Although the theme of humankind living in an indifferent or even hostile world is prevelant throughout existentialism, existentialism isn't necessarily atheist. Many people identify this philosophy as part of a turn away from religion, but this is not always the case. Some existentialists, such as Kierkegaard were religious themselves. An existentialist may still have religious beliefs, but does not rely on them. Consider this:
Let's compare the existentialist and the religious at the point when they are ready to leave home. Both may love their parents and have nothing but gratitude for the work they've done. The “religious”, in this comparison are the ones who visit their parents every weekend, and occasionally borrow money. The existentialists, however, are aware of the necessity of their independance. They may still visit their parents, but not with such routine or need. As British writer Anita Brookner put it:
Existentialism is about being a saint without God; being your own hero, without all the sanction and support of religion or society.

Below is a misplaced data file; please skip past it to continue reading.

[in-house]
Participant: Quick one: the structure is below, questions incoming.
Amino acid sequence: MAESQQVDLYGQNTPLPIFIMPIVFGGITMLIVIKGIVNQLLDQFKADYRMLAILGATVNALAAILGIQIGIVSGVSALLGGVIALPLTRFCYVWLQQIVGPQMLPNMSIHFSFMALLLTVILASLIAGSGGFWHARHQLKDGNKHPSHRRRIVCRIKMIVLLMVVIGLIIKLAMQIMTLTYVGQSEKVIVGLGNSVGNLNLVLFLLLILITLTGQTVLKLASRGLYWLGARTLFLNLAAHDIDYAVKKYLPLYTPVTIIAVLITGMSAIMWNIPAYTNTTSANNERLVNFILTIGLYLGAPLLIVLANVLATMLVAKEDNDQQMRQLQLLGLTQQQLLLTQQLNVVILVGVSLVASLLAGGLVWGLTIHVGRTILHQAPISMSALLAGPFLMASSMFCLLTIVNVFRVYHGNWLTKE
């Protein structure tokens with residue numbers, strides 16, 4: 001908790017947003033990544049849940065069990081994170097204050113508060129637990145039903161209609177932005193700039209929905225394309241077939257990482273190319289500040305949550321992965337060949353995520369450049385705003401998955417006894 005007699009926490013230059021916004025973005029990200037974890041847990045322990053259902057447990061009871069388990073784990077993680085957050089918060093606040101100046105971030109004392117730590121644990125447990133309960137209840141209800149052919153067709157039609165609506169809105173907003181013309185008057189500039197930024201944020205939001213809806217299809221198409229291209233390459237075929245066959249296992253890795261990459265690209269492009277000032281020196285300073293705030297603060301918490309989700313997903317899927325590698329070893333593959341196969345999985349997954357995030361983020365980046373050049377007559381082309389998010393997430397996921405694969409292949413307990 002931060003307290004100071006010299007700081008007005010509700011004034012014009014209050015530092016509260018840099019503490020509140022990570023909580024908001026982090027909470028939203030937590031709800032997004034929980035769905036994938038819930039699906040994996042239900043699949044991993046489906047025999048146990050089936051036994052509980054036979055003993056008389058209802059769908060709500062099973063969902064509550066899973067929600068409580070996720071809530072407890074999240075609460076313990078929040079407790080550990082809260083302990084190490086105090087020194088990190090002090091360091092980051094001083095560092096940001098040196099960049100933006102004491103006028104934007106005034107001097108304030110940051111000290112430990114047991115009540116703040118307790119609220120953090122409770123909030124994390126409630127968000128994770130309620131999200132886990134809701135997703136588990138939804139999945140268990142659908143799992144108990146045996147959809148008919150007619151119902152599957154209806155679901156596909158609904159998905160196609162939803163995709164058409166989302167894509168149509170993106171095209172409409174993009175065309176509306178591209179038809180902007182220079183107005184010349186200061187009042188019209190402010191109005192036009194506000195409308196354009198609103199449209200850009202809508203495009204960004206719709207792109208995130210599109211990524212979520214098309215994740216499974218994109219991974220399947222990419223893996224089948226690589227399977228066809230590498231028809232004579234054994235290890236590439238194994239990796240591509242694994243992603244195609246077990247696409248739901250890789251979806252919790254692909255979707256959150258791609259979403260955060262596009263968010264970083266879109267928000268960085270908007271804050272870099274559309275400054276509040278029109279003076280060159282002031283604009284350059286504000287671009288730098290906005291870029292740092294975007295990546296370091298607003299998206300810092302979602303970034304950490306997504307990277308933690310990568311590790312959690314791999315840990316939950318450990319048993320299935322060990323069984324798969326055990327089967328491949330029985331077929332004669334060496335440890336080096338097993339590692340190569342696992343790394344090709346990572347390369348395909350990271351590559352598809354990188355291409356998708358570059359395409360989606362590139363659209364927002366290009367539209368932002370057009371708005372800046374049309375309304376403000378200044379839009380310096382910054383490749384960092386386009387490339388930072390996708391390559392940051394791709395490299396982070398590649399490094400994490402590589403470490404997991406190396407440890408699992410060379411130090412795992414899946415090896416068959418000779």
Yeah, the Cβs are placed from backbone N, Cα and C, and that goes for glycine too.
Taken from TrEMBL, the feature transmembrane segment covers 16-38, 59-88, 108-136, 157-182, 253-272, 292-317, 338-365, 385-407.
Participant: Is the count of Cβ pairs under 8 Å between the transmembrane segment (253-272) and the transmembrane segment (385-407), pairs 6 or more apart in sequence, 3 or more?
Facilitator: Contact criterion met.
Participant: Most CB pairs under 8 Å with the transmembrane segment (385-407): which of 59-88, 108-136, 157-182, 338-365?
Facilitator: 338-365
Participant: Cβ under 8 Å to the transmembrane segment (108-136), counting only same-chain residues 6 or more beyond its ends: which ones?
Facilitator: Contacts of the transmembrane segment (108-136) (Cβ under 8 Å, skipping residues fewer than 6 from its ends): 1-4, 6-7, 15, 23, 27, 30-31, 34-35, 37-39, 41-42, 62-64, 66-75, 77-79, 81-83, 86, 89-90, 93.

Existentialism can exist within and outside of religious context because it focuses on the individual within the concepts of human nature and the struggle for life. Aside, perhaps, from the idea of an indifferent world, existentialism is not (by itself) about making metaphysical claims. The focus of existential philosophy is to examine the individual in the world, rather than the world itself.
Hence, some philosophers, such as Gabriel Marcel developed their own breed of existentialism within the confines of their religion. Marcel, specifically, focused on the human-universe relationship side of existentialism, but from the perspective of his Roman-Catholic faith.
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